Young men can be more prone to accidents and injuries that require prescription pain relievers like morphine. When used correctly, the risks of addiction can be reduced. Even still, there are risks of addiction developing the longer morphine is used. As such, it is essential for young men and their loved ones to recognize the signs of morphine addiction.
What Is Morphine?
Morphine is a prescription medication, derived from the poppy plant, used to help relieve pain. When administered, it acts similarly to the natural endorphins in the body and binds itself to pain receptors in the brain, causing the receptors to become less responsive. As a result, the level of pain is reduced. However, at higher doses, morphine can cause a sense of relaxation and calmness. Some people may even experience hallucinations.
How Does Morphine Addiction Develop?
Morphine is usually administered after severe injuries or during a significant surgical procedure to help alleviate pain and discomfort. The frequency and dosage amount are diligently regulated because of the addictiveness of morphine. Just like other substances that alter the brain’s chemistry, the body will develop a tolerance to morphine. The longer morphine is taken, the more evident tolerance becomes. So even though the drug is working to reduce pain, it may not feel that way because of an increase in tolerance.
Sadly, young men can start to abuse morphine by self-regulating dosages and increasing them to achieve the similar pain-relieving effects they used to experience. As a result, morphine addiction can develop after taking the drug for an extended period of time and regulating dosages to achieve the desired effects. Furthermore, the longer someone is on morphine, the higher the risks of becoming dependent on the medication. Additionally, the risks of addiction can increase when morphine is combined with alcohol or other drugs to enhance its effects.
Signs of Morphine Addiction
There are both physical and emotional signs of morphine addiction young men need to be aware of to determine if they are developing an addiction to the drug. However, it is essential to not mistake these signs with signs that the drug is working as prescribed. For example, when taking morphine for pain, you should notice your pain diminish and not be as intense or severe. You may also feel relaxed, calm, and sleepy. You might even experience similar effects as you would when intoxicated, such as slurring your words and problems concentrating and balancing.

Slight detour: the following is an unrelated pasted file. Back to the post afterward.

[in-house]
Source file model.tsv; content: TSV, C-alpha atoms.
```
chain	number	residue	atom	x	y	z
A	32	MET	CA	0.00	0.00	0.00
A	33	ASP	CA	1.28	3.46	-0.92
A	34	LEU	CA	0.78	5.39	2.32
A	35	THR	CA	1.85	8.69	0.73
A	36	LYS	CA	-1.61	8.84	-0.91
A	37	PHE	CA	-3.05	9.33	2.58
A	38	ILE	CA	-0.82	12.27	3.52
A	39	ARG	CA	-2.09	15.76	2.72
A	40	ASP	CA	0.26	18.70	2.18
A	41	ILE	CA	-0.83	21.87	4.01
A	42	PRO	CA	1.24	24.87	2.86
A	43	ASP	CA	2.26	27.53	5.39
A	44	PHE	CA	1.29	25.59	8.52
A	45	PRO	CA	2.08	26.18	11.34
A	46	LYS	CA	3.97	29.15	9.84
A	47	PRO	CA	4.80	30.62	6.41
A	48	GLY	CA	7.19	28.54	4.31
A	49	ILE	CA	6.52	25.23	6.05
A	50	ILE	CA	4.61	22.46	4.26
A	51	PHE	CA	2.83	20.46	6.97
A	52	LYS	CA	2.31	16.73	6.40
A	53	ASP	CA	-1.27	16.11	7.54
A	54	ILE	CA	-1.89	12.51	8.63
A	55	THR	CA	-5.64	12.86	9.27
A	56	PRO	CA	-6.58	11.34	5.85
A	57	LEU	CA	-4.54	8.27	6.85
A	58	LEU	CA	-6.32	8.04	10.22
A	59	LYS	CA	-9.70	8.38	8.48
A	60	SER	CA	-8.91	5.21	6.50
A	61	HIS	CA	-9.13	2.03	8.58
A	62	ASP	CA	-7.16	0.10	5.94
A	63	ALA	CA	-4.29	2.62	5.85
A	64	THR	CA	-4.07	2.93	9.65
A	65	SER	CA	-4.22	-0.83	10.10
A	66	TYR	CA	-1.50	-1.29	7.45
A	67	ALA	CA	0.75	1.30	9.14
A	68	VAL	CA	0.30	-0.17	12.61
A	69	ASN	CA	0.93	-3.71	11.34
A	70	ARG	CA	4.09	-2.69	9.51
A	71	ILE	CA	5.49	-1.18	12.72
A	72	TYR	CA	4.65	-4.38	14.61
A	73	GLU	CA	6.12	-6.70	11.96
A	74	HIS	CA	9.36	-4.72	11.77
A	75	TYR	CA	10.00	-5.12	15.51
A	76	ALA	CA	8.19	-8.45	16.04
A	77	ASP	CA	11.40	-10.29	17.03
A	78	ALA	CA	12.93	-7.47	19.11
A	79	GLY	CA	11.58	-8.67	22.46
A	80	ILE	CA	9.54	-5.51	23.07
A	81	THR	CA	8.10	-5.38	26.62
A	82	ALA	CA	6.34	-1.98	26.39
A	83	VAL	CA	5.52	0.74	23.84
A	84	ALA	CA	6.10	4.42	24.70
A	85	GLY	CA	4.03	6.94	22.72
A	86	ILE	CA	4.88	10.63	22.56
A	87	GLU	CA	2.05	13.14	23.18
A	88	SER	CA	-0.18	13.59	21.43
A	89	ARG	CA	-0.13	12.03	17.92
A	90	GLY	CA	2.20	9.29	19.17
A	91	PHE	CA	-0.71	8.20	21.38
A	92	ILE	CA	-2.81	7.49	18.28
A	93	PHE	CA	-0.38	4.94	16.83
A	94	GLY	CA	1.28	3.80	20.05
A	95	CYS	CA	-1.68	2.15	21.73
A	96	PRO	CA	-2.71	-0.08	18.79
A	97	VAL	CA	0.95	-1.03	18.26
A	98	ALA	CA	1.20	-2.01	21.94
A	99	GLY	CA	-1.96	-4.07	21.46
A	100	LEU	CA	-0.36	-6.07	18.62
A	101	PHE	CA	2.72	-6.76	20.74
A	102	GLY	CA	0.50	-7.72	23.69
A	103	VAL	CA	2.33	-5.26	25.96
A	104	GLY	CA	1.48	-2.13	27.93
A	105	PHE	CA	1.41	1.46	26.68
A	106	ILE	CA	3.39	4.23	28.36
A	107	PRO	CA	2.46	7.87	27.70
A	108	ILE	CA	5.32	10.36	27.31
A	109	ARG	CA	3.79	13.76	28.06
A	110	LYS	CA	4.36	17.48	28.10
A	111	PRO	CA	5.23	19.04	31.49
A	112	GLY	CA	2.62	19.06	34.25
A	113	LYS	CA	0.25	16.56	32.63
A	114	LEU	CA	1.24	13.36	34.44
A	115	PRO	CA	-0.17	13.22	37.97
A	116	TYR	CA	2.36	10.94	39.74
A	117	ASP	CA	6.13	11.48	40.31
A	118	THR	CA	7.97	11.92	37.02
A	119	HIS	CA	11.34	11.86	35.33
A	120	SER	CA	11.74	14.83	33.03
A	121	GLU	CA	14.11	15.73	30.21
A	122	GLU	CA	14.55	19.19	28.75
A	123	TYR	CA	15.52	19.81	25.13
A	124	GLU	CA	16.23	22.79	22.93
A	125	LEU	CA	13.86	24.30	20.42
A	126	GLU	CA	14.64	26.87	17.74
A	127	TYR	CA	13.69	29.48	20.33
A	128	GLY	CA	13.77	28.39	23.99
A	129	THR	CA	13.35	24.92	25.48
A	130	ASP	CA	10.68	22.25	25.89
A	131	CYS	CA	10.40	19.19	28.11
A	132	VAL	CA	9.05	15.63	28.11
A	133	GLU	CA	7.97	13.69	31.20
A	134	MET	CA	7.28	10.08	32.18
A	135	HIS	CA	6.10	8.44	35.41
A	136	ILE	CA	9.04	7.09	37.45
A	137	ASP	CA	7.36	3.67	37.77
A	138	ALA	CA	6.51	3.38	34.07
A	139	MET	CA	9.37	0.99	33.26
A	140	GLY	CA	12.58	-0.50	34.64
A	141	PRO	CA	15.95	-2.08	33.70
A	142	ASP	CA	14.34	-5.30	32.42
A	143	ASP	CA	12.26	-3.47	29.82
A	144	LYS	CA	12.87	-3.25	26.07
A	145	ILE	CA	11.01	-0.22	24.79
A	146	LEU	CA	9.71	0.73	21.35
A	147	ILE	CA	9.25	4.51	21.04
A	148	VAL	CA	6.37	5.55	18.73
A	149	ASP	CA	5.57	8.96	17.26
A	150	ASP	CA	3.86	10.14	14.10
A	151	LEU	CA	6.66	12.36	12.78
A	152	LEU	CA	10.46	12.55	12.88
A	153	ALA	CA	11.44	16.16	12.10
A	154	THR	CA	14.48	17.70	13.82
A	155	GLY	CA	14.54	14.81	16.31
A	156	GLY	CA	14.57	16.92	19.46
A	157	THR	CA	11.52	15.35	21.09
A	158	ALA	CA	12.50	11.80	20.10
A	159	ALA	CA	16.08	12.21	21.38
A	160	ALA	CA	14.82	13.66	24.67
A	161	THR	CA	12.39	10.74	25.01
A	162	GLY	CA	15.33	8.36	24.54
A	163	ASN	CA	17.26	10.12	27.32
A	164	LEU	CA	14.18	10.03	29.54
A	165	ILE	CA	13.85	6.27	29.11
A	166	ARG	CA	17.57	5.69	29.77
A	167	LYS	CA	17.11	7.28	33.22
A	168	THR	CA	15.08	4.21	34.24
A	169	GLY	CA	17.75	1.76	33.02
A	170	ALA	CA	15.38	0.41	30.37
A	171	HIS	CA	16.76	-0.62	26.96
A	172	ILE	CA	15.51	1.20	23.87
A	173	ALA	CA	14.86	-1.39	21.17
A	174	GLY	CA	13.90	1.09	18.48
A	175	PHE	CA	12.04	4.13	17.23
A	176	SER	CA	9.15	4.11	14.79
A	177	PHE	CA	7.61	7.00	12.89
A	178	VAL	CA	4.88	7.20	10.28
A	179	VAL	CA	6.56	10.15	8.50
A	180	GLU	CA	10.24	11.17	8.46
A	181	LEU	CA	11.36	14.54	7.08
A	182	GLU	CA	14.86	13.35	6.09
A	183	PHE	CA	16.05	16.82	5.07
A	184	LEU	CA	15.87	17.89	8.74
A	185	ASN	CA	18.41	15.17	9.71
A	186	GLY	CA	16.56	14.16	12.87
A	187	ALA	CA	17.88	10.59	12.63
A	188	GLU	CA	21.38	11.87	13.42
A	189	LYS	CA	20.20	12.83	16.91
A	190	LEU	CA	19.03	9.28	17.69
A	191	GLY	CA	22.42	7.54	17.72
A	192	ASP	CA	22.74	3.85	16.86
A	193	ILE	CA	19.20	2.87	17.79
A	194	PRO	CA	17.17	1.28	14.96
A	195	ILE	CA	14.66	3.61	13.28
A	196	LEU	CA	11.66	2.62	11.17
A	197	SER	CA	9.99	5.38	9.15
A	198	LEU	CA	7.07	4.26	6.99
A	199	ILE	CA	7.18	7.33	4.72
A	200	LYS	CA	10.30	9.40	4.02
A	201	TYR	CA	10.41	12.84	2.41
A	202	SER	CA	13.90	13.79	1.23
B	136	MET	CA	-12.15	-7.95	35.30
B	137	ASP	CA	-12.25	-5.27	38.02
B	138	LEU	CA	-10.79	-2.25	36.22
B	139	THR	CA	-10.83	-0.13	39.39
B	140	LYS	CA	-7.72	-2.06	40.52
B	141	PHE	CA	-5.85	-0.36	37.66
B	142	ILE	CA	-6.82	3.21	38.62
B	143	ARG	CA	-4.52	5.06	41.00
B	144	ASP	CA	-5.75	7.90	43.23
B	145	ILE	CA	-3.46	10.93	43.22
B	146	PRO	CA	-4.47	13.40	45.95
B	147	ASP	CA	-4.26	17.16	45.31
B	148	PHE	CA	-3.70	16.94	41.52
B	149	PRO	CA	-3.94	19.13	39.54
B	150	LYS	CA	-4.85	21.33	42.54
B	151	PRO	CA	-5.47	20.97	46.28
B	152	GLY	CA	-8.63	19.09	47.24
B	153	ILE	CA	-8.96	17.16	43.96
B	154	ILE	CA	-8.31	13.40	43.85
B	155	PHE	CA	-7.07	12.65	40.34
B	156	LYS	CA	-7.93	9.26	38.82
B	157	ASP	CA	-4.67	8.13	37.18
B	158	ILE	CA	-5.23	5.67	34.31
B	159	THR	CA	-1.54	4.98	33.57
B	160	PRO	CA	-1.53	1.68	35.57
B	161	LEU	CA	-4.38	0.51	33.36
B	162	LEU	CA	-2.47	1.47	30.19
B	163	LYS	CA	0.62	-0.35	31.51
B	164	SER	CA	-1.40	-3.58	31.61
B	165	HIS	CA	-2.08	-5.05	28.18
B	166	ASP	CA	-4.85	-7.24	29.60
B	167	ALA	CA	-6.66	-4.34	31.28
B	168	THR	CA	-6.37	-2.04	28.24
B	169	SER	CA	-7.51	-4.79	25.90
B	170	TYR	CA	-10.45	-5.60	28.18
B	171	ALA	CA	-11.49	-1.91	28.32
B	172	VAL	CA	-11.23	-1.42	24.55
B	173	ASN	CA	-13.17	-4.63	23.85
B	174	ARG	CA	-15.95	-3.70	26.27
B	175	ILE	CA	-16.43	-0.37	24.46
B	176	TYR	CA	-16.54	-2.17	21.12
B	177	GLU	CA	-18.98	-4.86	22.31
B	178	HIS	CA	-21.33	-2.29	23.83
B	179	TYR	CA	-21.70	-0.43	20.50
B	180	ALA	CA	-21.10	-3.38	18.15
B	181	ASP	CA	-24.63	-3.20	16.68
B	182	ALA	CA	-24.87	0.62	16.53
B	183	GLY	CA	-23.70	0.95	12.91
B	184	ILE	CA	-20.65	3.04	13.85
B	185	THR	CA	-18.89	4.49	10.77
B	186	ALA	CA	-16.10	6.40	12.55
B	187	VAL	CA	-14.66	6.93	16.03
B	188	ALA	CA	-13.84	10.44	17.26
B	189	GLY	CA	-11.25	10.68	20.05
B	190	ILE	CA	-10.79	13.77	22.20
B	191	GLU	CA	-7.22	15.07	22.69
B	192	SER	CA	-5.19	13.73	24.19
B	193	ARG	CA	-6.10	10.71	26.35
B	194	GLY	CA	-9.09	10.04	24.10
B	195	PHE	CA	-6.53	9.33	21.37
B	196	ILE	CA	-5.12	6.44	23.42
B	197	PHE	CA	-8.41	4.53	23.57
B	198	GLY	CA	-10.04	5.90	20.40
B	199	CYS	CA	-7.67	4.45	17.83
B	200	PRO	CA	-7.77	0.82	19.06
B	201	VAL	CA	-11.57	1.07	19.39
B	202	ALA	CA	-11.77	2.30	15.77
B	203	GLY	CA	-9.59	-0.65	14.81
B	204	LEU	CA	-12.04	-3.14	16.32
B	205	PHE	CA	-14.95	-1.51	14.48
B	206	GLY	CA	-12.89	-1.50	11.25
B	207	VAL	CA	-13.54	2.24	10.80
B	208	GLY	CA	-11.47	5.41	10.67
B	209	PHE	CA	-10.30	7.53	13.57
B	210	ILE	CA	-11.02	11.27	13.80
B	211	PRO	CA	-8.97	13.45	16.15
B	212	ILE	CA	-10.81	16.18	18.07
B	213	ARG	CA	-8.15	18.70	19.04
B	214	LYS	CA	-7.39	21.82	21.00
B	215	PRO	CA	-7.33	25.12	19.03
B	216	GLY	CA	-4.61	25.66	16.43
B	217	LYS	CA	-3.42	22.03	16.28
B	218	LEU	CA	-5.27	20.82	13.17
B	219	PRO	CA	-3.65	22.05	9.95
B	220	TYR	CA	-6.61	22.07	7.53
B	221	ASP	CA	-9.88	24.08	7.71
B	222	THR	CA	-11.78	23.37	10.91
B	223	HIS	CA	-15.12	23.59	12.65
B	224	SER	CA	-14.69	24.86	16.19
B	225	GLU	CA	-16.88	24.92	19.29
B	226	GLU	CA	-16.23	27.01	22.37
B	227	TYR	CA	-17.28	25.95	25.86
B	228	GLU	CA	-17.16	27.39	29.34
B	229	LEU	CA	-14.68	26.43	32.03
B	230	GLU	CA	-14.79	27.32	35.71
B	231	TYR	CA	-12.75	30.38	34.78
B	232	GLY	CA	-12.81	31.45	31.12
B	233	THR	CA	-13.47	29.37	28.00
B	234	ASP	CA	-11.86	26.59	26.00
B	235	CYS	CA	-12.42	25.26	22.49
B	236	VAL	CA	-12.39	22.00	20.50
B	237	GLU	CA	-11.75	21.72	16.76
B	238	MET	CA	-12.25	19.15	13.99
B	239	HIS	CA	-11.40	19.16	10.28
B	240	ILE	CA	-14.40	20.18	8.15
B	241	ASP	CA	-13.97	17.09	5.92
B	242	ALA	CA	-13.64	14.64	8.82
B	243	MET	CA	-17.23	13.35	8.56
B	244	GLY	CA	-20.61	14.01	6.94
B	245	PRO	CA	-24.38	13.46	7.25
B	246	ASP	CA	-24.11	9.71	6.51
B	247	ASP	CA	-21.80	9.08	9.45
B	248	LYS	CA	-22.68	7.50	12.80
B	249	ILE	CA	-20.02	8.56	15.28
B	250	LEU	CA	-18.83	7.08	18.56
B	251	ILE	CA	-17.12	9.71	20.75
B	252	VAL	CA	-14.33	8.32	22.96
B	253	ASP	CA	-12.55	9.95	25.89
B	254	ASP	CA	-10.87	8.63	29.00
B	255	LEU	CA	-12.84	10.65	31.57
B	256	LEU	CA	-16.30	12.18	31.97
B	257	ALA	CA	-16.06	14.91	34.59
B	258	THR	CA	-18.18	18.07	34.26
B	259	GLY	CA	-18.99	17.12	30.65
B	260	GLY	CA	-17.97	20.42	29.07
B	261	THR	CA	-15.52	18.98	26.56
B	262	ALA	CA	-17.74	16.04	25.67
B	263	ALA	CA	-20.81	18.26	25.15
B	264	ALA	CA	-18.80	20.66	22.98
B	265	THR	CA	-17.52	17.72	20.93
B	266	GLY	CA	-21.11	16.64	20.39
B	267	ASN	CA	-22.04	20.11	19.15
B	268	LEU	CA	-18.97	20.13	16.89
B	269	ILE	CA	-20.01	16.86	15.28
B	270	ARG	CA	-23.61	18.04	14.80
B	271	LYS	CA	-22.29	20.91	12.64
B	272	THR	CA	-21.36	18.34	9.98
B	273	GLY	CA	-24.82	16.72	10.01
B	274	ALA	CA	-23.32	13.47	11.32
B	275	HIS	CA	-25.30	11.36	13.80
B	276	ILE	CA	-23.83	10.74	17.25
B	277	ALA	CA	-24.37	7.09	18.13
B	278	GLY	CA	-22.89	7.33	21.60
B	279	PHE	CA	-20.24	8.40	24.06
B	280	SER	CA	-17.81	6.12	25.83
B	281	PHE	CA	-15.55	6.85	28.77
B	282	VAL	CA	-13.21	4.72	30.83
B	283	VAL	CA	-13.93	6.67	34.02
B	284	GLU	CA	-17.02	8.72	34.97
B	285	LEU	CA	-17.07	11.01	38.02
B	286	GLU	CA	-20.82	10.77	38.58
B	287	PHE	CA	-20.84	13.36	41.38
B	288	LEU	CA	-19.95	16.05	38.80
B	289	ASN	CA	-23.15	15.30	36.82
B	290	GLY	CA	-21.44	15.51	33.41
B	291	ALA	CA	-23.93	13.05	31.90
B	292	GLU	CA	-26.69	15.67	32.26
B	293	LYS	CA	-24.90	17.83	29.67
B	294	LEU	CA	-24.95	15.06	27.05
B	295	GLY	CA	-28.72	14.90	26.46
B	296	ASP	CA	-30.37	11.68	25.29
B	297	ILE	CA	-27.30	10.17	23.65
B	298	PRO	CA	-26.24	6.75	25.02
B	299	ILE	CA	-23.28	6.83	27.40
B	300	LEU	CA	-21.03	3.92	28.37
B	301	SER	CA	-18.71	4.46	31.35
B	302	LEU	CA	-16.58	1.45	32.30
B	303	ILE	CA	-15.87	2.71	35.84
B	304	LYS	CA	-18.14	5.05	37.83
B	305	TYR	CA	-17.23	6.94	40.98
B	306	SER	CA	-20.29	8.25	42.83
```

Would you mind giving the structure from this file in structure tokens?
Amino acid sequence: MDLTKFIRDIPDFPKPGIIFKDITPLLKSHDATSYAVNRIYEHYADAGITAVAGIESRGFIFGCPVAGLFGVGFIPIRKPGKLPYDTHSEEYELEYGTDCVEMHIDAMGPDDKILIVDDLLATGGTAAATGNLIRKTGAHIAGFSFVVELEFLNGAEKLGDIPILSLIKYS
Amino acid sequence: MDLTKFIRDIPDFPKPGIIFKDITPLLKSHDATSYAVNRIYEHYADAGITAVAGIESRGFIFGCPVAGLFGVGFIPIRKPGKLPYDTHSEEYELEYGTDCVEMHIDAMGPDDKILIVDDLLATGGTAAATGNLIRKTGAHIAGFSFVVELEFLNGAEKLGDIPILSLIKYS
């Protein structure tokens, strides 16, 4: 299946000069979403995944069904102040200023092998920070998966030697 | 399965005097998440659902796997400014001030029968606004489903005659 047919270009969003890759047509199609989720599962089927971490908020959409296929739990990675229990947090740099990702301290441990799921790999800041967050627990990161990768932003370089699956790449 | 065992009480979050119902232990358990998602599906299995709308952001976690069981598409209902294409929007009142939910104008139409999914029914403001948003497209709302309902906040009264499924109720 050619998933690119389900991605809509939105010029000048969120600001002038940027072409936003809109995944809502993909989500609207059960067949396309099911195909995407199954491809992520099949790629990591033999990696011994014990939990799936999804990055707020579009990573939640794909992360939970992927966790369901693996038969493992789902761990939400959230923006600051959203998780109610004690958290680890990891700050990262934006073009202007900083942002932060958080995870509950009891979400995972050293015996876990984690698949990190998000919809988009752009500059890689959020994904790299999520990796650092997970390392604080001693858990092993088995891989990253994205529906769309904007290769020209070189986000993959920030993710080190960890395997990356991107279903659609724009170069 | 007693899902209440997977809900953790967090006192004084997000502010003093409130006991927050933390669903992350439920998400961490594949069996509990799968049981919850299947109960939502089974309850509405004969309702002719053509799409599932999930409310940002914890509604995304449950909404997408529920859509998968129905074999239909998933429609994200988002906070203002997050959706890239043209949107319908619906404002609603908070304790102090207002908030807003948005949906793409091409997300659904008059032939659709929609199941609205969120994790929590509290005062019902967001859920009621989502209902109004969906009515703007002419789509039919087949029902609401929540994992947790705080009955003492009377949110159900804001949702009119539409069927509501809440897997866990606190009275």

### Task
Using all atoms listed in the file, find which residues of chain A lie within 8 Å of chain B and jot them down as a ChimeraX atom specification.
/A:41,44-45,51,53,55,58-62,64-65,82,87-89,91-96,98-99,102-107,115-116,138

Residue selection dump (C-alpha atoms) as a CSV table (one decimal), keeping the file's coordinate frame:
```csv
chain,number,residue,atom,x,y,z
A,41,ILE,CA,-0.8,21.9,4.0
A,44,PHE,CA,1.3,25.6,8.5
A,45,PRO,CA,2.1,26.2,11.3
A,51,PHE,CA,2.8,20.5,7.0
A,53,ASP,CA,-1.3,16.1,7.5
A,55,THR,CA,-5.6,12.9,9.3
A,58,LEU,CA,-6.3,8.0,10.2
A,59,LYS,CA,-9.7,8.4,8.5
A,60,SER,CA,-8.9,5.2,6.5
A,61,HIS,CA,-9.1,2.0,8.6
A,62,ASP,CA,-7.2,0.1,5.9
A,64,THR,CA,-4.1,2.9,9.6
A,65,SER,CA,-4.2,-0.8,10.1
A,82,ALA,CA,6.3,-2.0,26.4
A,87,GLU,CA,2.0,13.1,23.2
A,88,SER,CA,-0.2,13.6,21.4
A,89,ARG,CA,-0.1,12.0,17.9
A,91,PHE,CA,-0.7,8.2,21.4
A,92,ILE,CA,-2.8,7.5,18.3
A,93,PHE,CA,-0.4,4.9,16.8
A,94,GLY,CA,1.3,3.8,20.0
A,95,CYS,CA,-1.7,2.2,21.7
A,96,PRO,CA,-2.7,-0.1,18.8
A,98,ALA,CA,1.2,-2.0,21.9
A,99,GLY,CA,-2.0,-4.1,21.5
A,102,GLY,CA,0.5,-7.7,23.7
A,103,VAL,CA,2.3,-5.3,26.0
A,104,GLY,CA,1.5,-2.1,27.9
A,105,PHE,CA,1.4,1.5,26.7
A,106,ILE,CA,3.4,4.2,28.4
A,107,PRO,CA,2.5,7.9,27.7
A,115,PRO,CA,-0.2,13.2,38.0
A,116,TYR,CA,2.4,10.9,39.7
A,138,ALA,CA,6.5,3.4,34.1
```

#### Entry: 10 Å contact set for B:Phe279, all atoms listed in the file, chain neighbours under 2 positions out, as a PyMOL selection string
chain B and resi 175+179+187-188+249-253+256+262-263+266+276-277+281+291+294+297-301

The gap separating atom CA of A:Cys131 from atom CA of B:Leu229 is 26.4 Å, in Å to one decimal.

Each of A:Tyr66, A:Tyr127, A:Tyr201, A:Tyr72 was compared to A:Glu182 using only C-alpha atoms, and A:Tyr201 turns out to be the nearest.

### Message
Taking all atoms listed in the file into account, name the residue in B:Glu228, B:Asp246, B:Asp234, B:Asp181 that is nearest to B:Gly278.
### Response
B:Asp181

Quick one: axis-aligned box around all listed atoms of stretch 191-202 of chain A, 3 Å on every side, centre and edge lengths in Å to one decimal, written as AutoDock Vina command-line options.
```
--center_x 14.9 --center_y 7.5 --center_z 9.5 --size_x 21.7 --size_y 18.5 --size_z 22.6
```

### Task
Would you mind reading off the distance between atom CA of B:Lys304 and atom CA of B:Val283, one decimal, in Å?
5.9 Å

As dependence on morphine develops, you will often notice a change in your behaviors, which could include:
- Adjusting your dosage amounts when tolerance develops.
- Mixing morphine use with alcohol, heroin, or other opioid drugs.
- Attempting to hide morphine abuse from your family and friends.
- Keeping a “secret stash” of morphine hidden away for “emergency purposes.”
- Attempting to get multiple morphine prescriptions from different doctors.
- Stealing prescription pain relievers from family and friends.
- Feeling like you cannot function without using morphine.
- You get very defensive and angry if someone questions your morphine drug use.
- Downplaying your morphine use
- You intentionally injure yourself just to get more morphine.
How Dangerous Is Stopping Morphine “Cold Turkey”
Depending on the dosage amount and duration that morphine was used, it can be dangerous to stop taking morphine “cold turkey.” This is because the body will go through withdrawal as the drug leaves the body, which can take weeks. During this time, the withdrawal symptoms can become very severe and include experiencing hot and cold sweats, nausea, vomiting, diarrhea, uncontrolled shaking, and extreme pain. Unfortunately, it is common to start retaking morphine or turn to other substances, to alleviate the withdrawal symptoms.
The best approach to quit using morphine is to be gradually weaned off the drug. Usually, your doctor will begin to step down your dosage and frequency as you heal from your injury. Using this approach allows the drug levels to be gradually reduced until you no longer require morphine.
In cases where you have developed an addiction to morphine, a similar process is used that could include MAT (medication-assisted treatment), where a non-addictive medication is used to alleviate pain while morphine dosages are gradually reduced until the drug is no longer needed.
Treatment for Morphine Addiction in Torrance, CA
If you are a young man who was prescribed morphine for an injury and have noticed the signs of addiction and want help to stop, you will find the assistance you need at New Life House in Torrance, CA.
We offer morphine rehab programs tailored to the specific needs of young men who want help to overcome their morphine addictions. To learn more about our treatment programs for morphine addiction, please feel free to contact us, email us at [email protected], or call us at (888) 357-7577 today!